“A broadcaster is not a public utility … but neither is it a purely private enterprise like a newspaper or an automobile agency. A broadcaster has much in common with a newspaper publisher, but he is not in the same category in terms of public obligations imposed by law. A broadcaster seeks and is granted the free and exclusive use of a limited and valuable part of the public domain; when he accepts that franchise it is burdened by enforceable public obligations. A newspaper can be operated at the whim or caprice of its owners; a broadcast station cannot. After nearly five decades of operation the broadcast industry does not seem to have grasped the simple fact that a broadcast license is a public trust subject to termination for breach of duty… Under our system, the interests of the public are dominant. The commercial needs of licensed broadcasters and advertisers must be integrated into those of the public. Hence, individual citizens and the communities they compose owe a duty to themselves and their peers to take an active interest in the scope and quality of the television service which stations and networks provide and which, undoubtedly, has a vast impact on their lives and the lives of their children… The 1964 renewal application (for WLBT) might well have been routinely granted except for the determined and sustained efforts of Appellants (the church coalition) at no small expense to themselves. Such beneficial contribution as these Appellants, or some of them, can make must not be left to the grace of the (Federal Communications) Commission.” (United Church of Christ v FCC, 1966).
The public hearing ordered by the court took place in May, 1967, in a small room in the Post Office because state officials refused access to other public buildings. The room was overflowing with WLBT supporters waving Confederate flags, and the FCC hearing examiner treated the church coalition with obvious contempt.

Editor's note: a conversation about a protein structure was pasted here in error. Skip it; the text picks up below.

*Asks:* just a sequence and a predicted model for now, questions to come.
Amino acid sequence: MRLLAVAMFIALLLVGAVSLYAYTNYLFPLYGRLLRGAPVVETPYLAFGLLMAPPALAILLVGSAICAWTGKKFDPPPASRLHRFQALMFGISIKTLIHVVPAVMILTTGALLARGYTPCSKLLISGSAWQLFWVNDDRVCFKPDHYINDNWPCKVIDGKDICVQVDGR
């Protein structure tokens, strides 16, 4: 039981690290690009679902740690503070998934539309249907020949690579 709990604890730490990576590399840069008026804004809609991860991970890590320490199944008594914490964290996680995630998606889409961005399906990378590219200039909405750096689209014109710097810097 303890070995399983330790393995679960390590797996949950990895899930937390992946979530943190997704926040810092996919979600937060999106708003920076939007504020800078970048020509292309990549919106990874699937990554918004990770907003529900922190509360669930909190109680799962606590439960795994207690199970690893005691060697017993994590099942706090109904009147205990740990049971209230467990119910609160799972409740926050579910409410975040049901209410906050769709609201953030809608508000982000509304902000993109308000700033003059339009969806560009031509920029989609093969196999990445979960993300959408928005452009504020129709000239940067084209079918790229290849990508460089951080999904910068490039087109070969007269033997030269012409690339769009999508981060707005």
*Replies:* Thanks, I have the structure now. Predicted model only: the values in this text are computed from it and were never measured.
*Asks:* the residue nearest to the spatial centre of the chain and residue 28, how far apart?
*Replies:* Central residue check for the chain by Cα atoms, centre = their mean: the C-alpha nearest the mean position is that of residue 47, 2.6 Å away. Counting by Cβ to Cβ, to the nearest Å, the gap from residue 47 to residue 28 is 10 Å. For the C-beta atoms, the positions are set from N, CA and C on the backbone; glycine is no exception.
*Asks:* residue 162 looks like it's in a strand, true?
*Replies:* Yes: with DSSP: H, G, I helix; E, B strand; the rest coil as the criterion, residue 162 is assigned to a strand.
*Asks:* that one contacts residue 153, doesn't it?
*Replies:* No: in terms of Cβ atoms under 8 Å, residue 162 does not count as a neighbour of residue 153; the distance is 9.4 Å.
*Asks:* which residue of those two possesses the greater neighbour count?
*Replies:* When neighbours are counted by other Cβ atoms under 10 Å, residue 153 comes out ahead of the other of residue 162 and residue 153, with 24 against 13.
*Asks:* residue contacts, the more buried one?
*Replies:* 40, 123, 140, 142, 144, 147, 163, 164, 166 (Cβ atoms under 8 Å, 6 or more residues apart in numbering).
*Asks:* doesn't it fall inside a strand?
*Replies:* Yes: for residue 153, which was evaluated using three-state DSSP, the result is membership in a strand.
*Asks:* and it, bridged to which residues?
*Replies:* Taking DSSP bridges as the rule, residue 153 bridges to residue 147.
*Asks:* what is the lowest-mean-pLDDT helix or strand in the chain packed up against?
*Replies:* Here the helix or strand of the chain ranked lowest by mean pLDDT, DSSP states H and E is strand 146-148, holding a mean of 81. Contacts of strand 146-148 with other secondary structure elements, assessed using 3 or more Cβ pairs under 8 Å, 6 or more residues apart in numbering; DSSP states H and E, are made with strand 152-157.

In the face of this prejudice, Charles Evers told the FCC that he blamed WLBT for the death of his brother Medgar four years beforehand. (Horwitz, 1997). After considering the evidence from the hearing, the FCC commissioners renewed WLBT’s license in a bitterly split 1968 decision. The Court of Appeals was furious, and in a 1969 decision said the FCC’s conduct was “beyond repair.”
In an unprecedented move, the court ordered the FCC to vacate WLBT’s license and hold hearings to consider new applicants. The coalition organized an integrated group, Communications Improvement Inc., and proposed a unique arrangement in that station profits would go half to public broadcasting in Mississippi and half to Tougaloo College in order to teach African American students communications. The group was awarded the license, although the continuing legal battles would not be resolved until 1983.
The success of this one case in which a license was revoked for public interest reasons did not lead to long-lived reform, said communications scholar Robert B. Horowitz. “The really sobering thought is that the old broadcast reform coalition has clearly collapsed, and a new … conservative movement … seeks to limit standing, curtail the ability of citizens to bring legal actions and diminish public intervention in general.” It has become increasingly difficult to approach reform with a non-market theory of public interest, he said. (Horwitz, 1997).